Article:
The traditional test for the common law rule of inferred-from-conduct consent (expressed in medical terms) appears to be whether a person in the shoes of the health care provider would reasonably infer from the circumstances that the patient consented. (149) It is important to note that the test is not whether the patient (or any reasonable patient) would have consented on a reasonable analysis of these or other circumstances, but rather whether it was reasonable for the health care provider to infer from the circumstances that the patient did in fact consent.

Unfortunately, there is little guidance to be found in the common law as to what constitutes reasonable inferences in the context of health care. This area of law remains grey and contentious (particularly in light of important developments since the original cases were decided, i.e., the introduction of the Charter and the evolution of the jurisprudence on implied consent and on the factors vitiating consent in battery (150).

g. Conclusion

Thus it can be concluded that as a general rule, parents have decision-making authority with respect to treatment and testing of their young children. Prior to treating or testing a young child, health care professionals must get the parents' free and informed explicit consent to the treatment or testing unless one of the exceptions to the requirement of consent has been met, or unless the health care professionals can demonstrate that parental consent was implied (this to avoid liability in battery) as well as informed (this to avoid a breach of the duty of care in negligence). This conclusion can be operationalized by working through the following questions:

Is there free and informed explicit parental consent to the treatment and/or testing?

If so, treat and/or test.

If not, is there an emergency or legislation that authorizes treatment and/or testing without consent?

If so, treat and/or test

If not, can the health care professional demonstrate that there is parental consent to the treatment and/or testing that is free and informed, and is subsumed in a broader consent or that can be inferred from the parents' conduct?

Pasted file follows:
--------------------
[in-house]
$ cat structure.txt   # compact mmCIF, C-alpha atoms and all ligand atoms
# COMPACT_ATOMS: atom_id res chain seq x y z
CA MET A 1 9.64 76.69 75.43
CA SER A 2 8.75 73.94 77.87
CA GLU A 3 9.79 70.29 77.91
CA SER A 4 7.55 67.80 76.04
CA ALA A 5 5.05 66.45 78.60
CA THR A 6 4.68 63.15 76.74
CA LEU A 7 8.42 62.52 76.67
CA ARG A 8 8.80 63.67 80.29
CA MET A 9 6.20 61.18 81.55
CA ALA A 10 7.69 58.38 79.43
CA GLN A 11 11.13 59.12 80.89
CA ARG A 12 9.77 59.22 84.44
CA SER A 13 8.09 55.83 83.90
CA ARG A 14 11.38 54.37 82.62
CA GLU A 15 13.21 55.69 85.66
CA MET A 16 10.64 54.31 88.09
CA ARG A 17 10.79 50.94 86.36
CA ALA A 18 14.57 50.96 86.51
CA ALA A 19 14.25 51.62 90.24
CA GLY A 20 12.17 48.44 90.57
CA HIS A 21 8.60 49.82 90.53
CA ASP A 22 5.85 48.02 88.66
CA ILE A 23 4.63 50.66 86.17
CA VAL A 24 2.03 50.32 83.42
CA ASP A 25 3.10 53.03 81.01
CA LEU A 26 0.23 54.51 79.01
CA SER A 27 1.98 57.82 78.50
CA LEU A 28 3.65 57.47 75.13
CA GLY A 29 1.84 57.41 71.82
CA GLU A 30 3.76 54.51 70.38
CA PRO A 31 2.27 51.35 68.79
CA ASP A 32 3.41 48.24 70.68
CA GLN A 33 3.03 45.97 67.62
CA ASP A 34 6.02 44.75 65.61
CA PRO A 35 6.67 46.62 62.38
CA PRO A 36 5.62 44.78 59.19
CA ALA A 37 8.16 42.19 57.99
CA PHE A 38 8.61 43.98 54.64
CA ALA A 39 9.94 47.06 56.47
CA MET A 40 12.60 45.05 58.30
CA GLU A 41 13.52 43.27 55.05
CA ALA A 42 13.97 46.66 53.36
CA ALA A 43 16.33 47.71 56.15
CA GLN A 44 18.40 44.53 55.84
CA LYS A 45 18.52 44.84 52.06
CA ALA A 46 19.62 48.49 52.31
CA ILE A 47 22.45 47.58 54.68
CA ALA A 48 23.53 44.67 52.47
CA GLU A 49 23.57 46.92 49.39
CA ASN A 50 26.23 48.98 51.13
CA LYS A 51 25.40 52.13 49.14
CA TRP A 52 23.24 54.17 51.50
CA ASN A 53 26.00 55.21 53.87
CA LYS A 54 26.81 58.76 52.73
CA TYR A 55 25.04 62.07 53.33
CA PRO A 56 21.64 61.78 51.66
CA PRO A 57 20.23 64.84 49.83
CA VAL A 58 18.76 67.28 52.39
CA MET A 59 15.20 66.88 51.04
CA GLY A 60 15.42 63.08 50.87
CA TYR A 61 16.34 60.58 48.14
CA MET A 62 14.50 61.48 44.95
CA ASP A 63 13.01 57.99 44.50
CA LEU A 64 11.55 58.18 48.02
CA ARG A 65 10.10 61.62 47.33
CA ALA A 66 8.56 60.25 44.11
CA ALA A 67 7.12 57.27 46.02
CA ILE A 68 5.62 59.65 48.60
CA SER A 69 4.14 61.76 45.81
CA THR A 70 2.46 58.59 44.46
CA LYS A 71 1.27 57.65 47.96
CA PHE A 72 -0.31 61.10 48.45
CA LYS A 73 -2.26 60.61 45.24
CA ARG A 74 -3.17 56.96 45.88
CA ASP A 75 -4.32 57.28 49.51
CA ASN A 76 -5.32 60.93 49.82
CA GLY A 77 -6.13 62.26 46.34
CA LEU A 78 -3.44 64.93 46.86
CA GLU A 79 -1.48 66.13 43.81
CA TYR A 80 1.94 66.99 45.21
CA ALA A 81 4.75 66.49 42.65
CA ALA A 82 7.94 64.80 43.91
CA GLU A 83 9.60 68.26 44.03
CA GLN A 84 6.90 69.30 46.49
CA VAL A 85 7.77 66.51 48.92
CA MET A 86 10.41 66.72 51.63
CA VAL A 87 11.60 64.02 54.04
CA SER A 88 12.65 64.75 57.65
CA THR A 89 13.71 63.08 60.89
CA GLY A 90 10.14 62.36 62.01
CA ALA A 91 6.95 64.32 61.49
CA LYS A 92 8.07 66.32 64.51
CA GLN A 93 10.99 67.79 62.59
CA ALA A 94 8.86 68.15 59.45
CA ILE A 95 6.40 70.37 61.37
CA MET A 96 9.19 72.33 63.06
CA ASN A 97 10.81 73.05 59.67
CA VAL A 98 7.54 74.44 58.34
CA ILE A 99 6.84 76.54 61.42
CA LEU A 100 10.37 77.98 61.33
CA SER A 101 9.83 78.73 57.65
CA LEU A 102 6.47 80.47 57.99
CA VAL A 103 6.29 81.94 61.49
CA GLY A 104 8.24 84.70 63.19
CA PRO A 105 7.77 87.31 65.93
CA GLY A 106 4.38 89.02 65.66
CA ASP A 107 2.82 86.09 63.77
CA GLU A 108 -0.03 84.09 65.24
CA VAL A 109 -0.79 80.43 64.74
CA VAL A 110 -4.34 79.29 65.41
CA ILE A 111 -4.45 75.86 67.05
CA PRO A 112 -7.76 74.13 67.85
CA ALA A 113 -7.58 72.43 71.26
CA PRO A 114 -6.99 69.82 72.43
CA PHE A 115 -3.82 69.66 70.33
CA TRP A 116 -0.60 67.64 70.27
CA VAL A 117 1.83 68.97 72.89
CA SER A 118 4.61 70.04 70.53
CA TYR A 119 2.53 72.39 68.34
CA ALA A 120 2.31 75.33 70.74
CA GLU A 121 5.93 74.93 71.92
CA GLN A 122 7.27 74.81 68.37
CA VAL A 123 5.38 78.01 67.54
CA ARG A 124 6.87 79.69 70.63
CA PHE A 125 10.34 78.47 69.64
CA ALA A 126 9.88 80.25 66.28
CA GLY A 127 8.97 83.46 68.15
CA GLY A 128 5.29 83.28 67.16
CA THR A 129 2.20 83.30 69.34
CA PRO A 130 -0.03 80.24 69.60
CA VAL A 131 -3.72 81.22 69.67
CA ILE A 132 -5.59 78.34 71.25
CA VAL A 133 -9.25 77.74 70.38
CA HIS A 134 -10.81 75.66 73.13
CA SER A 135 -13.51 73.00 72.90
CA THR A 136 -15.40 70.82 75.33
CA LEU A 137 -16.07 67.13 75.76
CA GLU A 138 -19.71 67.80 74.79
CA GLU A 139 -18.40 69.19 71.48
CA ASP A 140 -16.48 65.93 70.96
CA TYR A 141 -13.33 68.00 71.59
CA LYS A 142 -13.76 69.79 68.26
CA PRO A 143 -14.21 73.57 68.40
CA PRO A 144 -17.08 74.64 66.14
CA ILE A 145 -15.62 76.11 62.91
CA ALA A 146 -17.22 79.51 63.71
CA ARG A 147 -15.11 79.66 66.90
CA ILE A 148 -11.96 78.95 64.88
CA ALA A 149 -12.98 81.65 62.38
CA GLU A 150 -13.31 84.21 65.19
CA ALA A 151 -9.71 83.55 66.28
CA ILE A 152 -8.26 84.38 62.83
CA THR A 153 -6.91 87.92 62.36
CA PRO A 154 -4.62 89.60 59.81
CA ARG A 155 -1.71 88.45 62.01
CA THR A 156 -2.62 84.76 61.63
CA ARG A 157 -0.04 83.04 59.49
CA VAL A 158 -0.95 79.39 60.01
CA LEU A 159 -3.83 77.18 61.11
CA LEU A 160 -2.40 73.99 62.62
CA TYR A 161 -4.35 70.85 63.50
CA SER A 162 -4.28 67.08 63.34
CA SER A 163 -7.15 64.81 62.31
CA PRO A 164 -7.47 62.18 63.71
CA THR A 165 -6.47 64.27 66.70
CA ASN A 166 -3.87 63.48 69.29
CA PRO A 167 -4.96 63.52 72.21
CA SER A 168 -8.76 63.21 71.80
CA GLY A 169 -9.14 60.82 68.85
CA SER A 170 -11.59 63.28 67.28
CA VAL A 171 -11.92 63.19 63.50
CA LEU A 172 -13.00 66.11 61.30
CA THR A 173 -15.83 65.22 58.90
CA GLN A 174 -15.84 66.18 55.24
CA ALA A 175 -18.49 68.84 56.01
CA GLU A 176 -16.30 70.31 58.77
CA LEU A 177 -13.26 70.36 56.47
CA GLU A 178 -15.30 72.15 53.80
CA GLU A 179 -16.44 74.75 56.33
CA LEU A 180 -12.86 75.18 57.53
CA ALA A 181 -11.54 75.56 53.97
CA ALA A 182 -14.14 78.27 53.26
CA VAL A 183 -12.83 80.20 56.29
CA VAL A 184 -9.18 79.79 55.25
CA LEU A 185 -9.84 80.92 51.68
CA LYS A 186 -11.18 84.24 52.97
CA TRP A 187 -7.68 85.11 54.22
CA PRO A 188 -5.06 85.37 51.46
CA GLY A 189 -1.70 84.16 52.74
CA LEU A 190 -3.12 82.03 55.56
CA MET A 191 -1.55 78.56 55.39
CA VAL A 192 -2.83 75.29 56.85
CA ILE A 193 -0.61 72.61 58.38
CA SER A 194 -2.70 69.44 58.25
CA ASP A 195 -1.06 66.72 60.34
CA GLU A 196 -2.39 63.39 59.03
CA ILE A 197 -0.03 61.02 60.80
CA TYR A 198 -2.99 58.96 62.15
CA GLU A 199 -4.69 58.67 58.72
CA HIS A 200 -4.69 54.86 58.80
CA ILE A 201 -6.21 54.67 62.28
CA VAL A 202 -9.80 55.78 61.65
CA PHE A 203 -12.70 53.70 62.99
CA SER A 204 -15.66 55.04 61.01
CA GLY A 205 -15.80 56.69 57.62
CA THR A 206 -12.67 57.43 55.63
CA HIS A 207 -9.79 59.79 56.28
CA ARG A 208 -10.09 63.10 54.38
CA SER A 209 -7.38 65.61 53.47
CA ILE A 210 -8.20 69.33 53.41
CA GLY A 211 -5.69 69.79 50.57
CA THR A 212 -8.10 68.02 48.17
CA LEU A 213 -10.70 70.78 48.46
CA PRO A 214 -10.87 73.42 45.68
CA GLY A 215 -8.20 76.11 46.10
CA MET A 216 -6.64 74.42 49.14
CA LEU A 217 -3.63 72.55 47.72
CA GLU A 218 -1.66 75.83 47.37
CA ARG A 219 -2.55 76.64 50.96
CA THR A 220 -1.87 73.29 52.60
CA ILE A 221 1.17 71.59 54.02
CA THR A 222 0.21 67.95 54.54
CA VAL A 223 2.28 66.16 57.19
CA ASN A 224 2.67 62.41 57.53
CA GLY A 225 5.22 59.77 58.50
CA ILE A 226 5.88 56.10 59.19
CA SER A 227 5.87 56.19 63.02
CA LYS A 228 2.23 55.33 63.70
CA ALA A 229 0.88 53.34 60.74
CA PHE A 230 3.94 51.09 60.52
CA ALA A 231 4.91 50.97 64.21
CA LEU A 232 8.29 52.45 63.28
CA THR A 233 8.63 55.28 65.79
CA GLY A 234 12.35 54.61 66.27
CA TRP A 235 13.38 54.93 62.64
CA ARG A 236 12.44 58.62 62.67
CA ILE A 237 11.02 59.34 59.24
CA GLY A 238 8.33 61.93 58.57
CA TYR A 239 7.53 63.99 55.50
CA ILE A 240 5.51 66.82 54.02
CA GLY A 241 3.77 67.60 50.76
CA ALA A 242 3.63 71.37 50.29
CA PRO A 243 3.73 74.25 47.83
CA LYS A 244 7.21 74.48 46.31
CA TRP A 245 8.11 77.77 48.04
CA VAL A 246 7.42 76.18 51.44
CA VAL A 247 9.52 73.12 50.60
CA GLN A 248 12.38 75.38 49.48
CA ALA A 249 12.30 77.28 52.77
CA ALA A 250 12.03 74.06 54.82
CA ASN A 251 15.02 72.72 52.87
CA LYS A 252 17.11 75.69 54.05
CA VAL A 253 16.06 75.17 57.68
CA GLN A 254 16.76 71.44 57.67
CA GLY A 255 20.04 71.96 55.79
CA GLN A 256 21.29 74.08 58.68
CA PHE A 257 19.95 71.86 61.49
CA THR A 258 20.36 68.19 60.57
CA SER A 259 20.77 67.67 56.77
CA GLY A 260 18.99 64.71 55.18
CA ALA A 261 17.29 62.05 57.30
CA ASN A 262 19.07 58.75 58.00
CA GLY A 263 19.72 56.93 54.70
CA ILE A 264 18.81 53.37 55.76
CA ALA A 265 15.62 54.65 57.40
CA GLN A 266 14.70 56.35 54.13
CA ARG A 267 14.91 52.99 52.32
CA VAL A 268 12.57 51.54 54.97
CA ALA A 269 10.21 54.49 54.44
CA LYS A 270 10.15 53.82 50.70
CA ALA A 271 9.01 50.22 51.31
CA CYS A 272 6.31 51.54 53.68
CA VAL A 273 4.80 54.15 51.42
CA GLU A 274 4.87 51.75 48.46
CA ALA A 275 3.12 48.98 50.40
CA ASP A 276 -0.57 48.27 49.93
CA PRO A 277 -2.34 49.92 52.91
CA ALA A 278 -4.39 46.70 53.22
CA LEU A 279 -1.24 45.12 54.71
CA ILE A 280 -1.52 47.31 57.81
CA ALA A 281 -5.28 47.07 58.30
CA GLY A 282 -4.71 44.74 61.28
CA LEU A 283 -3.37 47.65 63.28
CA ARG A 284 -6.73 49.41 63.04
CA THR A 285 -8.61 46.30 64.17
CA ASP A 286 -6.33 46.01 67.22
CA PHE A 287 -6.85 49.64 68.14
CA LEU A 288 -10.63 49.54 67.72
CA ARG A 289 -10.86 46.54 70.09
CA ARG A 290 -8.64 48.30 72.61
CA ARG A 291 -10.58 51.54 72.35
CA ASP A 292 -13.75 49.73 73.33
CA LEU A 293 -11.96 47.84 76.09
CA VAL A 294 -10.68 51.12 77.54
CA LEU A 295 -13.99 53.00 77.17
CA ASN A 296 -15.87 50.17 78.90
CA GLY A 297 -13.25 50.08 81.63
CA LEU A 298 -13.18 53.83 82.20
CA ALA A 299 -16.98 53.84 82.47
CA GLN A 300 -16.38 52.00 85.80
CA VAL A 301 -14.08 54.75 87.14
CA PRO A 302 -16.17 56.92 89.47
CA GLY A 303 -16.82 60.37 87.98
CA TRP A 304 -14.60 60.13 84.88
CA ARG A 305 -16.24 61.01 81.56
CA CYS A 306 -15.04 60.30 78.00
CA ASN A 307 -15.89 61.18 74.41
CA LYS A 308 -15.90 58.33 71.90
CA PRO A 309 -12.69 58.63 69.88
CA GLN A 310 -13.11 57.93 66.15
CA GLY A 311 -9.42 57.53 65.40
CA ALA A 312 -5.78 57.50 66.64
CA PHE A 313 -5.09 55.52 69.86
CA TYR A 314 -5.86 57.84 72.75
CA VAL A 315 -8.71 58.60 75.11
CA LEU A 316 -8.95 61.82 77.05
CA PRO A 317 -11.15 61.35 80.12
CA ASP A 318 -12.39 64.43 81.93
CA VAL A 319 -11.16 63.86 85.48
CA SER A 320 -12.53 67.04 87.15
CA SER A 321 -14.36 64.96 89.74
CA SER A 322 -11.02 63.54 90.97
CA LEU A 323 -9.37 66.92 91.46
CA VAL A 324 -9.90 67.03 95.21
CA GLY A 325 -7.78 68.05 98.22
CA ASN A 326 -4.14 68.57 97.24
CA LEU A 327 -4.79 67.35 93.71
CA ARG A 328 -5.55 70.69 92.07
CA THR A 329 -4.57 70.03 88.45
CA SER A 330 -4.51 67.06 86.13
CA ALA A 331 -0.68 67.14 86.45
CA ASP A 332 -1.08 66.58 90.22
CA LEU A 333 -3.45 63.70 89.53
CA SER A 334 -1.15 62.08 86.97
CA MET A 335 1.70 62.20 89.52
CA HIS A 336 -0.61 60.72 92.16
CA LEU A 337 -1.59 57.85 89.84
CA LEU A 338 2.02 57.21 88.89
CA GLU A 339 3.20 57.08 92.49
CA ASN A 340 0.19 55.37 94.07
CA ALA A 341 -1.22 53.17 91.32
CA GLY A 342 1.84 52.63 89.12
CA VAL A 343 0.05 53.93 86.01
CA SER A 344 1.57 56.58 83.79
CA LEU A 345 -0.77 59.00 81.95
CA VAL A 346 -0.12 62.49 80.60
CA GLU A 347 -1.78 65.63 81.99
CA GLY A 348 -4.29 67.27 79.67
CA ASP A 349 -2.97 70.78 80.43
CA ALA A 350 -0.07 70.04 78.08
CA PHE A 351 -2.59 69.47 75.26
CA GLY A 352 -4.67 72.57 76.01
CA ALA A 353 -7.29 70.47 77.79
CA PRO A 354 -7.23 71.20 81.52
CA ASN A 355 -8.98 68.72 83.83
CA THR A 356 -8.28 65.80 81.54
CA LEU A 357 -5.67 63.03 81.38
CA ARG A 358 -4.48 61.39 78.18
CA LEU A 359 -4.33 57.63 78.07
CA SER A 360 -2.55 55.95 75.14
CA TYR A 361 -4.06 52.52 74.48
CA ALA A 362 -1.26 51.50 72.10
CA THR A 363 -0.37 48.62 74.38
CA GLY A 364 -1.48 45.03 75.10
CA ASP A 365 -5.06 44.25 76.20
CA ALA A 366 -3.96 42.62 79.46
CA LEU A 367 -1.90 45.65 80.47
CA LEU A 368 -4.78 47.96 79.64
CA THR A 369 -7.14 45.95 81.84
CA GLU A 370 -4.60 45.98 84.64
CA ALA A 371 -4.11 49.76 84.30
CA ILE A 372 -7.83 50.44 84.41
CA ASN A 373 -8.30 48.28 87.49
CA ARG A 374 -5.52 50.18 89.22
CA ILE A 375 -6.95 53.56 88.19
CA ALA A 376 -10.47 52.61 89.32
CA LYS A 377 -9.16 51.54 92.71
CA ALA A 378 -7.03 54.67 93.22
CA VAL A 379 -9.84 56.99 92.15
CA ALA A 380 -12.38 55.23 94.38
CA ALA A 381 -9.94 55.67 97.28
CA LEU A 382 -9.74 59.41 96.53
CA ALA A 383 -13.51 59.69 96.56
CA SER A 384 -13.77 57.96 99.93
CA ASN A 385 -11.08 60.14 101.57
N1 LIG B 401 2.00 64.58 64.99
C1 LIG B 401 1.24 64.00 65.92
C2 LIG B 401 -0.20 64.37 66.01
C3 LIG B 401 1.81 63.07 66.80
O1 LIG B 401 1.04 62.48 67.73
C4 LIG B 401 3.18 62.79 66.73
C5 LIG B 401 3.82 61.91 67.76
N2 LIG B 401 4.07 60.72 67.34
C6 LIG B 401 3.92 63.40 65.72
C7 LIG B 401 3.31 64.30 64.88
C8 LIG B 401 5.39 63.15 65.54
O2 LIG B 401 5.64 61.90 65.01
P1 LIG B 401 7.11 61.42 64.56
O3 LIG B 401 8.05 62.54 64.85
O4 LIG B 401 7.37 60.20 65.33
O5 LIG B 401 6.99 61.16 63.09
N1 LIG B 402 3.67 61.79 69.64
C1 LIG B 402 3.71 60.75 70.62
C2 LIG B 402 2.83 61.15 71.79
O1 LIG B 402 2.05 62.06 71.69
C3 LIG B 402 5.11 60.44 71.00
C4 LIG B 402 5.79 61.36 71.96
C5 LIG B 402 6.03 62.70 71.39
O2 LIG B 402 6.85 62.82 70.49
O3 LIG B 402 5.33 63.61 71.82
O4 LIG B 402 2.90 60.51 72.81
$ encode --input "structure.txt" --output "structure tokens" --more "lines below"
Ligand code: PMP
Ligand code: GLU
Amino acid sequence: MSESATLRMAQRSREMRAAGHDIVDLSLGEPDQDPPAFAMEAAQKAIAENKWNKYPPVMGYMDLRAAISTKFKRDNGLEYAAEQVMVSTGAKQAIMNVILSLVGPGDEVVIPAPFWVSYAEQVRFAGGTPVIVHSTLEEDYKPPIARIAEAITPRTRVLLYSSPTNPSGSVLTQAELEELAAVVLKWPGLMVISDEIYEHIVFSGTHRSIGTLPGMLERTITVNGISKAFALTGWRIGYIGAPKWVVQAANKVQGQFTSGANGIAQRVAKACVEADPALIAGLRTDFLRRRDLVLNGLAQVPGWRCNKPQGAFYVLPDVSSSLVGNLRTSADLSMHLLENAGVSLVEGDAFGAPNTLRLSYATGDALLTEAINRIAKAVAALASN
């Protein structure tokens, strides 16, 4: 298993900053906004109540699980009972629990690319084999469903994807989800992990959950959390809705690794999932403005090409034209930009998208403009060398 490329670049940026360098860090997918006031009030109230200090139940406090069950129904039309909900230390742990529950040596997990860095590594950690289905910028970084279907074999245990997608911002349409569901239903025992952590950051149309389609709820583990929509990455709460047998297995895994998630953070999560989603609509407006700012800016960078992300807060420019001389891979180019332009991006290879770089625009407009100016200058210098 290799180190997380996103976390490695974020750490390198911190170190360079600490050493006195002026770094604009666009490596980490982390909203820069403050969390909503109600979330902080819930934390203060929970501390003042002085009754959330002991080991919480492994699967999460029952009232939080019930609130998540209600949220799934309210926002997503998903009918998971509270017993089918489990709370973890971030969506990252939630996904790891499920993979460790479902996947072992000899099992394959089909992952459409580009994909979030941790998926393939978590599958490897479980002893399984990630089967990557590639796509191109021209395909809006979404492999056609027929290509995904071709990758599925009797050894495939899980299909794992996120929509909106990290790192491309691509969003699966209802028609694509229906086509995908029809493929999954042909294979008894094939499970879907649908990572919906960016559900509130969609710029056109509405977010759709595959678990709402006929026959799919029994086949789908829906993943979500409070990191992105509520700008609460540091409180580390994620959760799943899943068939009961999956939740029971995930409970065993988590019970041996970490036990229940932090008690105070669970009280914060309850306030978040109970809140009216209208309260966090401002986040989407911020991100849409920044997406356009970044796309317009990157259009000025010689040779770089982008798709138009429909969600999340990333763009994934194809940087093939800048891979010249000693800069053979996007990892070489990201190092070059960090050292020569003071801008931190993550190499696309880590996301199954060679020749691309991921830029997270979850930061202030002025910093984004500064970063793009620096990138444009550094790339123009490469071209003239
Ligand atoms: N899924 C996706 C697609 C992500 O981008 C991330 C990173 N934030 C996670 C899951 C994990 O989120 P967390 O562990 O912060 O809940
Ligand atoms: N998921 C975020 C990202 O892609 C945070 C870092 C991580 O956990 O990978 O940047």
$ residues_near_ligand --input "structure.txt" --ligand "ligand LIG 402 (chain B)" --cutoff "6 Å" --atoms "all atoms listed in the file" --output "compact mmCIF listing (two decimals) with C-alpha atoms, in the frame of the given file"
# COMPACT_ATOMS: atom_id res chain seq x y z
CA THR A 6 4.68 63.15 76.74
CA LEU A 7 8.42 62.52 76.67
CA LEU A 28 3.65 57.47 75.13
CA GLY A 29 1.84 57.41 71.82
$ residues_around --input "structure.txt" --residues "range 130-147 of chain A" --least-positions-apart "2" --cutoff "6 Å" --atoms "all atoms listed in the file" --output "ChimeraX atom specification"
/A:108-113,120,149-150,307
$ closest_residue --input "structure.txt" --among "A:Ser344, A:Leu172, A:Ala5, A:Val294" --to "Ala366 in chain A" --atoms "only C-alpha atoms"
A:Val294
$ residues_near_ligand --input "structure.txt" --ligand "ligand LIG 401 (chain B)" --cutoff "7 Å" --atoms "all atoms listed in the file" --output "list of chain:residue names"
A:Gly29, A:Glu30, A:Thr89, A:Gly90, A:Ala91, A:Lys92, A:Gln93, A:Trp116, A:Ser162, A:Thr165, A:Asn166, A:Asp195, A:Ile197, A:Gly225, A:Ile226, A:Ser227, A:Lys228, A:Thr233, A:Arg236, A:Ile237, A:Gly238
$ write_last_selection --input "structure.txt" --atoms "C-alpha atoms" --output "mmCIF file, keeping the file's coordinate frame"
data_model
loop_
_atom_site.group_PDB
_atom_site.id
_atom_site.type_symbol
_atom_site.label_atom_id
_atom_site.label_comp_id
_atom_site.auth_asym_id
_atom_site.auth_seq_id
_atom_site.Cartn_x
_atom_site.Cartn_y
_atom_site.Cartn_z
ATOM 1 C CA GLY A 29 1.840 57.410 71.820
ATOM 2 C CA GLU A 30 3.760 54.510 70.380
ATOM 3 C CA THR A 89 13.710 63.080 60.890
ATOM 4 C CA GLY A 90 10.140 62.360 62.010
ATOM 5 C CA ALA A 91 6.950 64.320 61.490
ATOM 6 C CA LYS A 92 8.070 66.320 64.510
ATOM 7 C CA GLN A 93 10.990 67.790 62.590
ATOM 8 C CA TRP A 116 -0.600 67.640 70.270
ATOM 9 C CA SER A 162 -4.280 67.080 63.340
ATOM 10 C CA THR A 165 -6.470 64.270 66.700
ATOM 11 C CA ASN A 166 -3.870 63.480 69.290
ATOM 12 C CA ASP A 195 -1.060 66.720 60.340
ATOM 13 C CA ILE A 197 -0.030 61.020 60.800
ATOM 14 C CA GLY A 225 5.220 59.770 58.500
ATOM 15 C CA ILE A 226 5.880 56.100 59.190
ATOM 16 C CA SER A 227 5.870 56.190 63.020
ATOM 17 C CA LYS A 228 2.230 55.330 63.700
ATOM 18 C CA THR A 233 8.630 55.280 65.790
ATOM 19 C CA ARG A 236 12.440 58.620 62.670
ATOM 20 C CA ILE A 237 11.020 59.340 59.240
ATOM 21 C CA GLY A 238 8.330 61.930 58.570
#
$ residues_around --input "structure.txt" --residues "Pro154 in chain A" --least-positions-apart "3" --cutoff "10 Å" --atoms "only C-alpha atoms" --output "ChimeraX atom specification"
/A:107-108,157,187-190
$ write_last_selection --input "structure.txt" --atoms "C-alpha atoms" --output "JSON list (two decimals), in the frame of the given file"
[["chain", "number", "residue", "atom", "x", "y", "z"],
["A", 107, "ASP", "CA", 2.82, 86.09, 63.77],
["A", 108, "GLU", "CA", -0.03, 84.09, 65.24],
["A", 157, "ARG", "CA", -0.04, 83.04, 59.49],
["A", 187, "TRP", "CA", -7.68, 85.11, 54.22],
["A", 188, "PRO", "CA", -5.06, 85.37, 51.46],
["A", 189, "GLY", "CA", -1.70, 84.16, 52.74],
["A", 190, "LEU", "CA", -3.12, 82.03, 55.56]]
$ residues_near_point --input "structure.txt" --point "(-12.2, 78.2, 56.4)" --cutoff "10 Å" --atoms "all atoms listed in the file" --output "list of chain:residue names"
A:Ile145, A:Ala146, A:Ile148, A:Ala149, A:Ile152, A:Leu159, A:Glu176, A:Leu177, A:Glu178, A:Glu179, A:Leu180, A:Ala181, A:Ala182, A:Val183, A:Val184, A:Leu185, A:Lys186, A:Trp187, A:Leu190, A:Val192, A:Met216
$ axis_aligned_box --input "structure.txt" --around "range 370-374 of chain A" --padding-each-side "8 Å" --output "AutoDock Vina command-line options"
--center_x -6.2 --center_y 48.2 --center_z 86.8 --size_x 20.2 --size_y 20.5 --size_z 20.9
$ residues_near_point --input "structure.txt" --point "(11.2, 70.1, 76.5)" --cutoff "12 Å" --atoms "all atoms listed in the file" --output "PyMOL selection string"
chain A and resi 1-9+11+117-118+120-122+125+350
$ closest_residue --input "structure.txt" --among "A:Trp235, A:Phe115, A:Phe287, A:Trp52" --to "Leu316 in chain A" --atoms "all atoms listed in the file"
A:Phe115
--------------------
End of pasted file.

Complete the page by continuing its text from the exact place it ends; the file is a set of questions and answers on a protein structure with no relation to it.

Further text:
If so, treat and/or test.

If not, is the treatment and/or testing in the best interests of the child in the opinion of the health care provider?

If no, do not treat and/or test.

If so, seek an order from the court (under child protection legislation or the court's parens patriae jurisdiction) to treat and/or test.

If given an order, treat and/or test.

If not, do not treat and/or test.

2. Arguments for not requiring explicit parental consent for newborn screening

We have seen that under the law on consent in Canada, health care providers must have consent to touch or otherwise interfere with a patient unless one of the established exceptions to the consent rule is met. In addition, where consent is required, health care providers have a duty to ensure that consent is informed. In the context of newborn screening, this means that, prima facie, informed parental consent must be sought.

The position that it is nonetheless unnecessary to seek explicit parental consent to newborn screening might be based on one of several alternative forms of justification. It could be that the need for consent is obviated or not required, under a legal exception to the requirement of parental consent to medical intervention involving a child, or it could be that consent is implied in the circumstances surrounding the screening procedure. Alternatively, the argument may be made that it is simply impractical to implement informed consent practices in the context of newborn screening. We will examine arguments under all three of these headings.

a. Consent is not required

(i.) Emergencies

It might be argued, for instance in light of the need to perform certain screening tests such as the test for PKU shortly after birth, that there is not time to seek or obtain parental consent and therefore that the circumstances of testing constitute an "emergency." However, this exception applies to situations that are unanticipated, in which there is no time to seek appropriate consents. This is not the case with newborn screening, for which parental consent may be sought in the prenatal period. Furthermore, even if consent is not sought in the prenatal period, in almost all instances there is certainly time to seek an informed consent from parents after the birth and before non-treatment will result in harm to the child. While there may be the occasional newborn for whom testing is a real emergency, this is certainly not so of all newborns (as would be required to justify mass screening programs bypassing consent on the basis of the emergency exception).

Furthermore, the 1982 Maryland study relied upon by the 1994 IOM Committee and 1999 TaskForce indicated that the numbers of infants tested did not diminish as a result of the informed consent process. (151) Difficulty obtaining timely consents does not appear to have arisen as an issue in that study. Therefore, on both theoretical and empirical grounds, without further evidence indicating the contrary, we would argue that the emergency exception does not justify a mass exception to the general consent rule.